2017 Go Beyond Awards
A unique awards program honoring organizations, individuals, products, and projects that are advancing sustainable, high-performance facilities.
2017 I2SL Annual Conference Go Beyond Award Winners
I2SL is pleased to acknowledge the winners of the 2017 Go Beyond Awards. Go Beyond Award winners show their commitment to excellence in sustainability in laboratory and other high-technology facility projects by going beyond the facility itself to consider shared resources, infrastructure and services, and neighboring communities, as well as contributing to increased use of energy-efficient and environmentally-sustainable designs, systems, and products.
The 2017 Go Beyond Award winners were announced during a special awards dinner at the 2017 I2SL Annual Conference on Monday, October 16, 2017, in Boston, Massachusetts. The awards recognized the outstanding work done by the following winners:
He was instrumental in developing the I2SL (then Labs 21) Lab Equipment Wiki, which was one of the first forums for sharing performance data about lab-grade freezers, water baths, incubators, and more. Allen has also dedicated substantial time to leading the I2SL Working Group developing a comprehensive Laboratory Continuous Performance Improvement Program (LCPIP) Too, which evaluates and drives ongoing sustainability performance in new and existing laboratory facilities.
As part of this effort, BCA developed the BCA Green Mark for Laboratories, which recognizes efforts and commitments by laboratory owners and operators to reduce the environmental impact of their facilities without compromising safety or indoor environmental quality. As part of this effort, BCA commissioned a 9-month laboratory benchmarking study in 2016 that was conducted by Nanyang Technological University’s Energy Research Institute in close collaboration with the Singapore Sustainable Lab Group of the Sustainable Energy Association of Singapore. The results of the study were used in concert with information from I2SL and affiliated groups to develop criteria for the Green Mark scheme.
The updated pE-300 Series is an LED based illuminator for fluorescence microscopy. Historically, the illumination required for this type of microscopy was provided by mercury/halide bulbs. However, the updated CoolLED pE-300 Series provides equal or better performance while using 60 percent or less power input. The LEDs radiate less heat than bulb-based approaches, and their lifetime exceeds tens of thousands of hours while producing no mercury waste. The pE-300 Series also offers improved output stability and consistency, and instant on/off controls ensure that energy is only consumed when needed.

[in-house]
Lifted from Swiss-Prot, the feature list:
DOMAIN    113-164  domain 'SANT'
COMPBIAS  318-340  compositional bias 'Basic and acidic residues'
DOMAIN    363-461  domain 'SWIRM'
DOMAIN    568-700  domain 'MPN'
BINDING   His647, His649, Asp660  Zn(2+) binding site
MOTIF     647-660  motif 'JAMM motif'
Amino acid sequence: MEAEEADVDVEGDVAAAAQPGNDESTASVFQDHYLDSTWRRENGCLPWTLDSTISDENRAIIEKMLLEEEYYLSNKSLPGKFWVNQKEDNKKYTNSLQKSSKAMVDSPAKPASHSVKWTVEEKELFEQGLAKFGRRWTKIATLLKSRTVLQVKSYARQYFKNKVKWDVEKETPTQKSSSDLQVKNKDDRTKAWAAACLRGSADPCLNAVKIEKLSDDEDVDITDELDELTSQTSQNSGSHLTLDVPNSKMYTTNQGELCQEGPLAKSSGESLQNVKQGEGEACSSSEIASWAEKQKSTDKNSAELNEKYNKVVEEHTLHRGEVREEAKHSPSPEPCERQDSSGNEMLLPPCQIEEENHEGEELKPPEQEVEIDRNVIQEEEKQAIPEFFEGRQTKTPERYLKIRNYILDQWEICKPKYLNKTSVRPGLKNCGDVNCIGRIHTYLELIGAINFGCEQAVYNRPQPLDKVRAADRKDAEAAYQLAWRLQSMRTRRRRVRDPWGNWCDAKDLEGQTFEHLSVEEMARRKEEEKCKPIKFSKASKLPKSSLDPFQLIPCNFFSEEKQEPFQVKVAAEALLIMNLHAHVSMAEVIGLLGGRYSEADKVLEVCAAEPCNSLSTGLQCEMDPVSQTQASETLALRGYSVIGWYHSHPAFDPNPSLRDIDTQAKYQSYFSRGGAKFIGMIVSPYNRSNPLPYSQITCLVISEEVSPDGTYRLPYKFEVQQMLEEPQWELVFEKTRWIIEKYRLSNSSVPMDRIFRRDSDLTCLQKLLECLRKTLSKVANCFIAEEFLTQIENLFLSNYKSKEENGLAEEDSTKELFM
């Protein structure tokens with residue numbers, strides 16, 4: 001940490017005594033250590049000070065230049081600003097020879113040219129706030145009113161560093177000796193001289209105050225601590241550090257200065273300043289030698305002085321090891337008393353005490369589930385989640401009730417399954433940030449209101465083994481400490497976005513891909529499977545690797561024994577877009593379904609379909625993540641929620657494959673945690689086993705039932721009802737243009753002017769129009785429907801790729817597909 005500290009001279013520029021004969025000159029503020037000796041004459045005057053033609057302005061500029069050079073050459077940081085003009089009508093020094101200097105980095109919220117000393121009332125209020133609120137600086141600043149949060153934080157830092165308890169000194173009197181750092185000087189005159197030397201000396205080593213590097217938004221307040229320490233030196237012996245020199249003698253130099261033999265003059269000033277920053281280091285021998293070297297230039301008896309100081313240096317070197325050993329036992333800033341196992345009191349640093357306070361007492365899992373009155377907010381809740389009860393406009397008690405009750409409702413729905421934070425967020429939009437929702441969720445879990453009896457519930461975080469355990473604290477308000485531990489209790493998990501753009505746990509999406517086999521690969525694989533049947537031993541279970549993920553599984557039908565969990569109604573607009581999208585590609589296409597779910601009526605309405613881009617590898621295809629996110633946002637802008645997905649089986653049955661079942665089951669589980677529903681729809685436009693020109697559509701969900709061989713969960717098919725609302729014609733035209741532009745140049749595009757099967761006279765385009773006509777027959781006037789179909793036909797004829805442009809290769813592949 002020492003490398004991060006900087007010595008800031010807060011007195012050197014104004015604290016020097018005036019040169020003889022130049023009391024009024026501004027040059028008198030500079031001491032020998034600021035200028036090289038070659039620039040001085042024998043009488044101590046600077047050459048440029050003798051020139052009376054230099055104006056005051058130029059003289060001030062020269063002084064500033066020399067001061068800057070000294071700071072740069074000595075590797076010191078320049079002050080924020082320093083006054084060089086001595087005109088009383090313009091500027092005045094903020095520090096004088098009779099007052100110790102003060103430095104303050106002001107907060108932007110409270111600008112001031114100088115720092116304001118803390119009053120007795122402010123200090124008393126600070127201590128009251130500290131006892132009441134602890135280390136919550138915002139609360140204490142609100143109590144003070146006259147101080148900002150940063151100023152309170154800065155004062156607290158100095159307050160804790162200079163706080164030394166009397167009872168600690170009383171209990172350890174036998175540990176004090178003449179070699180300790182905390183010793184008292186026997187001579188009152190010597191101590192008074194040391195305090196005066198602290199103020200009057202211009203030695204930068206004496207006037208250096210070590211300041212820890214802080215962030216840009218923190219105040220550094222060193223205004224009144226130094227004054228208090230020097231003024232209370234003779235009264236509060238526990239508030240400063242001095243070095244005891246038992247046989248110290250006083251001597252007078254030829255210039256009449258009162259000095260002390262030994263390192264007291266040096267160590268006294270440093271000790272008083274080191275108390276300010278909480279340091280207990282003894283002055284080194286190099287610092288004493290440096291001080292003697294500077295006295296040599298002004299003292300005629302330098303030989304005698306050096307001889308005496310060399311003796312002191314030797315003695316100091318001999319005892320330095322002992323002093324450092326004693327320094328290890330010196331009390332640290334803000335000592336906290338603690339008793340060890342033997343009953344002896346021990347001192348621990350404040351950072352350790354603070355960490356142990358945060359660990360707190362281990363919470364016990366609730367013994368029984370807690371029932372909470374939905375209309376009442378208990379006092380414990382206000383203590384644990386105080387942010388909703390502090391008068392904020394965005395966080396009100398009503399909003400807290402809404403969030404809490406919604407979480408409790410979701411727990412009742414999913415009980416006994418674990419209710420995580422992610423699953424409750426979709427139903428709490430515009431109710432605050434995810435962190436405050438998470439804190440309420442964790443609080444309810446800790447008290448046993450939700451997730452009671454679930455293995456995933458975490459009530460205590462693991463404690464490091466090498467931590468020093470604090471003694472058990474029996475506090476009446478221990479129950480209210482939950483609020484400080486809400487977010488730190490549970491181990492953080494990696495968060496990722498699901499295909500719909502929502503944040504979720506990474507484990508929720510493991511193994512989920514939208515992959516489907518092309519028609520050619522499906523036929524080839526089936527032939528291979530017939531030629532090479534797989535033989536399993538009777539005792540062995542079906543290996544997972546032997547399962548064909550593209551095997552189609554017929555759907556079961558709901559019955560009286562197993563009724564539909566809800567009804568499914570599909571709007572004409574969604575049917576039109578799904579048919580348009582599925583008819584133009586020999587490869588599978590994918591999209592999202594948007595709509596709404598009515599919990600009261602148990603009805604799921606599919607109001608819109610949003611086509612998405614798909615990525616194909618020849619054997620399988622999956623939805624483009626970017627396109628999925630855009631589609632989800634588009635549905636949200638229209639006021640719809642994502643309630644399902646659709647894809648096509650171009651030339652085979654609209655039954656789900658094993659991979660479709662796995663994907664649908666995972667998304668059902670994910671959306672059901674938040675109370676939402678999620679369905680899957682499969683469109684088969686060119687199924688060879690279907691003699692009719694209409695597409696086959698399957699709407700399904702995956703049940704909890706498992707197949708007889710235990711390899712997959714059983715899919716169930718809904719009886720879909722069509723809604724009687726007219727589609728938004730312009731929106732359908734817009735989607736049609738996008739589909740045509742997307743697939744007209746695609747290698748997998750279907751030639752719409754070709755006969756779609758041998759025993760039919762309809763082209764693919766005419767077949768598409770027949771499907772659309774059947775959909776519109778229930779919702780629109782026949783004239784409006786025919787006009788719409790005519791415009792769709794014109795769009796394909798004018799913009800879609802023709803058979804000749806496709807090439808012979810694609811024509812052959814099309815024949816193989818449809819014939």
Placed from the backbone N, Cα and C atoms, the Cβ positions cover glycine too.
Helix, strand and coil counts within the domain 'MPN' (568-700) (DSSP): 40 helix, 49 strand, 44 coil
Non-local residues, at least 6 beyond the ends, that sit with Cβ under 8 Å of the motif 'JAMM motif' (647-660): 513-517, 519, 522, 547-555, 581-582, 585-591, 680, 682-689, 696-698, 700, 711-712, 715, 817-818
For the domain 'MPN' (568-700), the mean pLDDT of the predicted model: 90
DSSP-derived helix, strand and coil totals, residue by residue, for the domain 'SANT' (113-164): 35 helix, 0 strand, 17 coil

Constructed on an urban brownfield site consisting of an existing surface parking lot set between two garages, the Interdisciplinary Science and Engineering Complex (ISEC) is the first phase of a long-term vision to link the University’s Huntington Avenue Campus with nearby neighborhoods and public transportation.
The architectural form linked with high performance architecture, along with the implementation of the innovative energy recovery and conservation systems allows the ISEC to use 75% less energy than a typical intensive research building. The building also achieved a 40% reduction in water use over baseline standard with the use of low-flow plumbing and fixtures. The 234,000 GSF building houses four academic research disciplines—engineering, health sciences, basic sciences and computer science—and defines a dynamic and collaborative research culture.
The Undergraduate Teaching Laboratories (UTL) is a state-of-the-art, LEED Platinum, lab space on Johns Hopkins’ Homewood campus. The UTL building contains 20 high-tech lab spaces and classrooms for undergrads and faculty in the departments of Chemistry, Biology, Biophysics, Psychological and Brain Sciences, and Neuroscience.
Opened in 2013, the four-story, 105,000-square-foot facility was designed by Ballinger of Philadelphia to use 40 percent less energy than similar code-compliant lab buildings. Its energy-efficient design includes highly efficient heating and cooling systems, occupancy sensors that control lights and HVAC, daylight sensors, low-flow water fixtures, and cutting-edge lab technologies designed to conserve energy and water.
In addition to the award recipients, I2SL was pleased to receive the following 2017 Go Beyond Award nominations:
- David Spradley, University of Georgia
- Nainan Desai, United Therapeutic
- Labconco High Performance Fume Hood Product Line
- Stirling Ultracold SU780XLE Upright Ultra-Low Temperature Freezer
- Anne-Marie Edward Building, John Abbott College
- Battle of the Buildings Challenge, Oak Ridge National Laboratory, Sustainable Initiatives
- Environmental Science and Chemistry Building, University of Toronto Scarborough
- Mortimer B. Zuckerman Research Center, Memorial Sloan Kettering Cancer Center
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